There are a handful of reasons that Sen. Martha McSally, R-Ariz., joined the Air Force. A debt-free college education, to make her late father proud, to channel her “feistiness,” she said — but also, to put the sexual advances by a high school track coach behind her.

Now, since she publicly shared it in a March Senate Armed Services Committee hearing, we know that America’s first female fighter pilot to fly in combat and the first female squadron commander also faced sexual misconduct while serving.

“For me, little did I know as I went off to the military that I would have similar experiences there,” she said Thursday at the Naval Academy, in a speech at the inaugural National Discussion on Sexual Assault and Sexual Harassment at America’s College, Universities and Services Academies.

“I didn’t plan to do this, but I certainly didn’t plan to be raped, either,” she added.

McSally addressed superintendents from the three service academies, as well as service chiefs and their top enlisted advisers, representatives from more than 100 colleges and universities and more from research, academia and the non-profit world.

“While I’m excited to be here … I’m not happy to be here,” Navy Secretary Richard Spencer told the audience. “I’m frustrated to be here. And I’m concerned about the ongoing scourge of sexual assault and sexual harassment.”

A recent study of service academies found that cadets and midshipmen are overall trusting in their leadership to address and hold accountable instances of sexual harassment, Army Secretary Mark Esper said in his remarks.

“While leadership is necessary, it is not sufficient,” he added. “That same study found that cadets lack confidence that their peers are doing enough to prevent this problem.”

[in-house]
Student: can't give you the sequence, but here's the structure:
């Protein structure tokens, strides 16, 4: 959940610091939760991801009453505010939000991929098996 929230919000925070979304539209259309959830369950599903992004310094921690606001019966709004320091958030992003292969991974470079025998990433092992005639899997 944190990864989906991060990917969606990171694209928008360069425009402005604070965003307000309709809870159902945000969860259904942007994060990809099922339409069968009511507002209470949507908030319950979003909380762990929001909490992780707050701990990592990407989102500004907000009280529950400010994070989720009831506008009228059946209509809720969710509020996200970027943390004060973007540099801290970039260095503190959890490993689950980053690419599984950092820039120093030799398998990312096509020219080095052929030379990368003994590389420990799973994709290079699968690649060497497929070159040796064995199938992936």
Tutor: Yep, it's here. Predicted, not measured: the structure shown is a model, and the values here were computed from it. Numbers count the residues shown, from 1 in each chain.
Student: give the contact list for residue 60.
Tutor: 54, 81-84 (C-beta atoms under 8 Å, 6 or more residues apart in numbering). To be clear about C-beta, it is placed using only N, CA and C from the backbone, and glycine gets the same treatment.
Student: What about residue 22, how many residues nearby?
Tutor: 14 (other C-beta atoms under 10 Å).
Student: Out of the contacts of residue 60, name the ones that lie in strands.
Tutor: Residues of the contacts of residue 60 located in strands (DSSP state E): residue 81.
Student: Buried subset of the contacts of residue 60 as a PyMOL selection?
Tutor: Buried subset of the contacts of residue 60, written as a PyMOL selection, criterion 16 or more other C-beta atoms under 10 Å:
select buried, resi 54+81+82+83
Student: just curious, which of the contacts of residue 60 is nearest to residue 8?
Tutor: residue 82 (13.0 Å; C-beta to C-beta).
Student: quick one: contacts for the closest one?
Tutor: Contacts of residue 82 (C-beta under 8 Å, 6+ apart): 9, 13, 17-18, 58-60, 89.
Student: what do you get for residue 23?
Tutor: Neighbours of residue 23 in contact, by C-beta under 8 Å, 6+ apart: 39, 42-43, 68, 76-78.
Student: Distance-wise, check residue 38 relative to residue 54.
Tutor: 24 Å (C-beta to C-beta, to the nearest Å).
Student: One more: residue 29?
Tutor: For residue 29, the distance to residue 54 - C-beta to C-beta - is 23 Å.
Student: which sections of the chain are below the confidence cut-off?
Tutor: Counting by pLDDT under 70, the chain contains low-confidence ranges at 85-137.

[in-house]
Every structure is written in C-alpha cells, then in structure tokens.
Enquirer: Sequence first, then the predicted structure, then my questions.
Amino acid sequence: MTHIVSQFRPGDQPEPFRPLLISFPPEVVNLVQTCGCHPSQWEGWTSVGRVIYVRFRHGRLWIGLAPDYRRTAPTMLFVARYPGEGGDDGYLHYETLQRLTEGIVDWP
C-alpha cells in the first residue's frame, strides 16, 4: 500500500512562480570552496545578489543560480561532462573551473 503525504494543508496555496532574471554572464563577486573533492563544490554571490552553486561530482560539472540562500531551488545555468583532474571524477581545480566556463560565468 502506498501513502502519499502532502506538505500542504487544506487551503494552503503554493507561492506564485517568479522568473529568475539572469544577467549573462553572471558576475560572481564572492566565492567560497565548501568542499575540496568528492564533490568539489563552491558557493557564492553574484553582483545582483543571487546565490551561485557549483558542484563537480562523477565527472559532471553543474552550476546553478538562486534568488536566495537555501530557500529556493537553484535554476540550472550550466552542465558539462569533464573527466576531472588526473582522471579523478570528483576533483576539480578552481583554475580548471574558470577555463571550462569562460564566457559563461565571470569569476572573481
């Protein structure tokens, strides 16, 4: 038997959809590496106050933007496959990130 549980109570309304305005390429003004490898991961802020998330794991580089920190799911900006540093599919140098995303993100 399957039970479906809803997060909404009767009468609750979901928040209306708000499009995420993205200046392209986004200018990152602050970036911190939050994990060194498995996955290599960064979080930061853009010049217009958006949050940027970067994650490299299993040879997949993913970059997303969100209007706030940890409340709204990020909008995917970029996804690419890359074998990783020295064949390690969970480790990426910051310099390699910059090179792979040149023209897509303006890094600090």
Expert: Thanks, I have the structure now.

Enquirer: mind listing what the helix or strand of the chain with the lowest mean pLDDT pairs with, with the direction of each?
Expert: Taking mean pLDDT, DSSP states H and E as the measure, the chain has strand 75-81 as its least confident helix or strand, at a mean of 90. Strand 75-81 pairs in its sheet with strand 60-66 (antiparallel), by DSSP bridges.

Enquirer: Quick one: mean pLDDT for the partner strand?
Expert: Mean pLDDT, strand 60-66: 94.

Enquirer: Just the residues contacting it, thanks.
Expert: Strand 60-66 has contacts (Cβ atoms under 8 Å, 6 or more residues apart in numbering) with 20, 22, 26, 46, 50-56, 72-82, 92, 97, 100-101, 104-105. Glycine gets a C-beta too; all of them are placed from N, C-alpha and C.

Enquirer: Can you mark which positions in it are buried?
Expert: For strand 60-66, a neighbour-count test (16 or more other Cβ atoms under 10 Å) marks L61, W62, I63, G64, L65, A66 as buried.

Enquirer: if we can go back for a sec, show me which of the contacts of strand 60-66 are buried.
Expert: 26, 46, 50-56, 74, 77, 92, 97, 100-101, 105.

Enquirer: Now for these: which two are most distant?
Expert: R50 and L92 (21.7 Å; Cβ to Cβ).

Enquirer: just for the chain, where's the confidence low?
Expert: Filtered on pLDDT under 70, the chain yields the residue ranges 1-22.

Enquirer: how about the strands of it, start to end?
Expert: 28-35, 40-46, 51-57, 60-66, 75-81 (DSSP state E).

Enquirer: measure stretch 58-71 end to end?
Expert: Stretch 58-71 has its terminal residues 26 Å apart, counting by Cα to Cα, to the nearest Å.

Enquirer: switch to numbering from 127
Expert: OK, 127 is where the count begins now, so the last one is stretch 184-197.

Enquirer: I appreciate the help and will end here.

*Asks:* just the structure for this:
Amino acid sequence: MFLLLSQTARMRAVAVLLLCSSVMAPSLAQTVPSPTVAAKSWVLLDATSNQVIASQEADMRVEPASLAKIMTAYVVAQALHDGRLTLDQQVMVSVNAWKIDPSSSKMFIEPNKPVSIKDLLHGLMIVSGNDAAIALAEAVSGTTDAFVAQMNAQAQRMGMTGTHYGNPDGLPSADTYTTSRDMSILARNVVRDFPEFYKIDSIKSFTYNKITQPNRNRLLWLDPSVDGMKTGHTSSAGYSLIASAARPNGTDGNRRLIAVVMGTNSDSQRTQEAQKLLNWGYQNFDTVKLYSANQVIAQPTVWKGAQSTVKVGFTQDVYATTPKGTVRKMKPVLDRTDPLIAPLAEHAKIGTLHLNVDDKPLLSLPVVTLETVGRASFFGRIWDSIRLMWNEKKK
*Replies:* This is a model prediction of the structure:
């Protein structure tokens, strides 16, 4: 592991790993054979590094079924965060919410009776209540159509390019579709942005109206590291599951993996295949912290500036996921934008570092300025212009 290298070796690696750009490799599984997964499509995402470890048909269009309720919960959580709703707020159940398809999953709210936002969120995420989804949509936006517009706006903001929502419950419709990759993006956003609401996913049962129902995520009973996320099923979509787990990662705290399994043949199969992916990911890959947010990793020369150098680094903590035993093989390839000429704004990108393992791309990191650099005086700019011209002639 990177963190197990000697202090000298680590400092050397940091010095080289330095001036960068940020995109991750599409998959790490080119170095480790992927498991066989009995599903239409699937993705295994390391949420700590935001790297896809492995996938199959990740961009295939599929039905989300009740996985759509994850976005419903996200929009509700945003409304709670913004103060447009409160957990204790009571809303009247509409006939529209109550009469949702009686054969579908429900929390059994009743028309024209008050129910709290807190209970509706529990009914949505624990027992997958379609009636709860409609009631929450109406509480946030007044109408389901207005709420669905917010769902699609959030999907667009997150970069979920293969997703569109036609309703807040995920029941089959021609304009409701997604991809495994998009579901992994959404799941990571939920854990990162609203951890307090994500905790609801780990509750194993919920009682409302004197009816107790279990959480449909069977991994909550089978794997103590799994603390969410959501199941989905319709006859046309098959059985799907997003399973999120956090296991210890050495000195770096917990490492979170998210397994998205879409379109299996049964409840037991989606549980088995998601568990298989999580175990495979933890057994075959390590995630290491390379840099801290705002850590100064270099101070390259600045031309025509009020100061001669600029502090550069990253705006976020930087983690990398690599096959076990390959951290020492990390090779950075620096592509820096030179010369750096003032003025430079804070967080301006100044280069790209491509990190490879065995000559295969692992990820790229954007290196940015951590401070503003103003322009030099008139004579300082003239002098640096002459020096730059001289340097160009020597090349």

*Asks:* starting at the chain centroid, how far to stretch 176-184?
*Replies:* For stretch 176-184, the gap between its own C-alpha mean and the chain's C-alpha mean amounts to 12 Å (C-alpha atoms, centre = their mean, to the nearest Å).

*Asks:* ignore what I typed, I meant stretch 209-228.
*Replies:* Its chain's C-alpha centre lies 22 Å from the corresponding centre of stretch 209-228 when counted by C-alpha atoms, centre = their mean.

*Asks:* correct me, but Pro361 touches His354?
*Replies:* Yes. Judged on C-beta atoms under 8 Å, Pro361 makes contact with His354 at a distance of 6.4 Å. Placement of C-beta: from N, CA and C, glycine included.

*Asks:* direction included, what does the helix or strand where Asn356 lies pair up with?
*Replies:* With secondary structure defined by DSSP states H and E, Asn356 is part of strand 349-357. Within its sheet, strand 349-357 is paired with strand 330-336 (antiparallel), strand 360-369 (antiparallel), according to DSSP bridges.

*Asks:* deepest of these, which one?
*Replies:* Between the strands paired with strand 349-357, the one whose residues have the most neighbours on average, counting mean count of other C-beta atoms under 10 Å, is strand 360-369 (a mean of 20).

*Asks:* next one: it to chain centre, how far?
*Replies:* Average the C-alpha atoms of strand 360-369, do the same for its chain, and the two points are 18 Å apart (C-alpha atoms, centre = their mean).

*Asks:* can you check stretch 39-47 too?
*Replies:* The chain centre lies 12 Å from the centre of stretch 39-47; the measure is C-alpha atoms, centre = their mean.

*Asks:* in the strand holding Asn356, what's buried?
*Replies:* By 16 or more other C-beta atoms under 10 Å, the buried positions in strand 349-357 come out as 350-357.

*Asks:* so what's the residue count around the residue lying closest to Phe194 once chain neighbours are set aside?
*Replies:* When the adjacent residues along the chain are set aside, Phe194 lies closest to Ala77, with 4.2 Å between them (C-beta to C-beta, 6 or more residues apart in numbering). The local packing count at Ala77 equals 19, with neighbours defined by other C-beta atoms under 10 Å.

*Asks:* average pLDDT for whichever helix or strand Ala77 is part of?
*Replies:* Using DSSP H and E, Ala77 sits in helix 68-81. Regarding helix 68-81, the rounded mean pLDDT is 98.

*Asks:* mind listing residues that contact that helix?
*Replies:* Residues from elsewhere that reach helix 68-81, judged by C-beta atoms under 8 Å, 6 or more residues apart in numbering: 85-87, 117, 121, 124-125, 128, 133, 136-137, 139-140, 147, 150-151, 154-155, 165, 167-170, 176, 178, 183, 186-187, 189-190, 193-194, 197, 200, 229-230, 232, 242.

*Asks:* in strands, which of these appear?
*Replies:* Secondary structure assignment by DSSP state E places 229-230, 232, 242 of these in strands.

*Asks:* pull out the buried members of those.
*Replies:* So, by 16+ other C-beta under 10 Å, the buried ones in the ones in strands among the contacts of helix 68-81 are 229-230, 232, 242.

“Lord of the Flies”

Sexual harassment and assault are not only pervasive in the military and on college campuses, experts said in panels throughout the day, but in American communities at large.

“But we expect the military to be better, right?” McSally said. “What can we do to not have an environment that becomes a petri dish for things like this to happen?”

An alumna of the Air Force Academy, McSally offered that the power dynamic of early military training can pose a problem, where young people are taught to unquestioningly follow the commands of the men and women in charge of them — a ripe opportunity for abuse.

Student leadership at service academies is a prime example, she said.

“But then we put 19-year-olds in charge of 18-year-olds, and then the adults leave for the weekend,” she said. “It’s like the ‘Lord of the Flies!’ ”

Her suggestion would be to leave the power with officers and noncommissioned officers, she said.

“I take her point,” Air Force Secretary Heather Wilson told reporters. “We are developing young leaders. Those leaders need supervision themselves.”

Teenagers will continue to lead teenagers, Spencer said.

“That being said, there’s a lot that we can do to make sure that they have the tools that they need to do this properly,” he said.

And that approach, Esper added, can be applied in enhanced sexual assault prevention and response training for peer leaders, on top of the mandatory training everyone receives.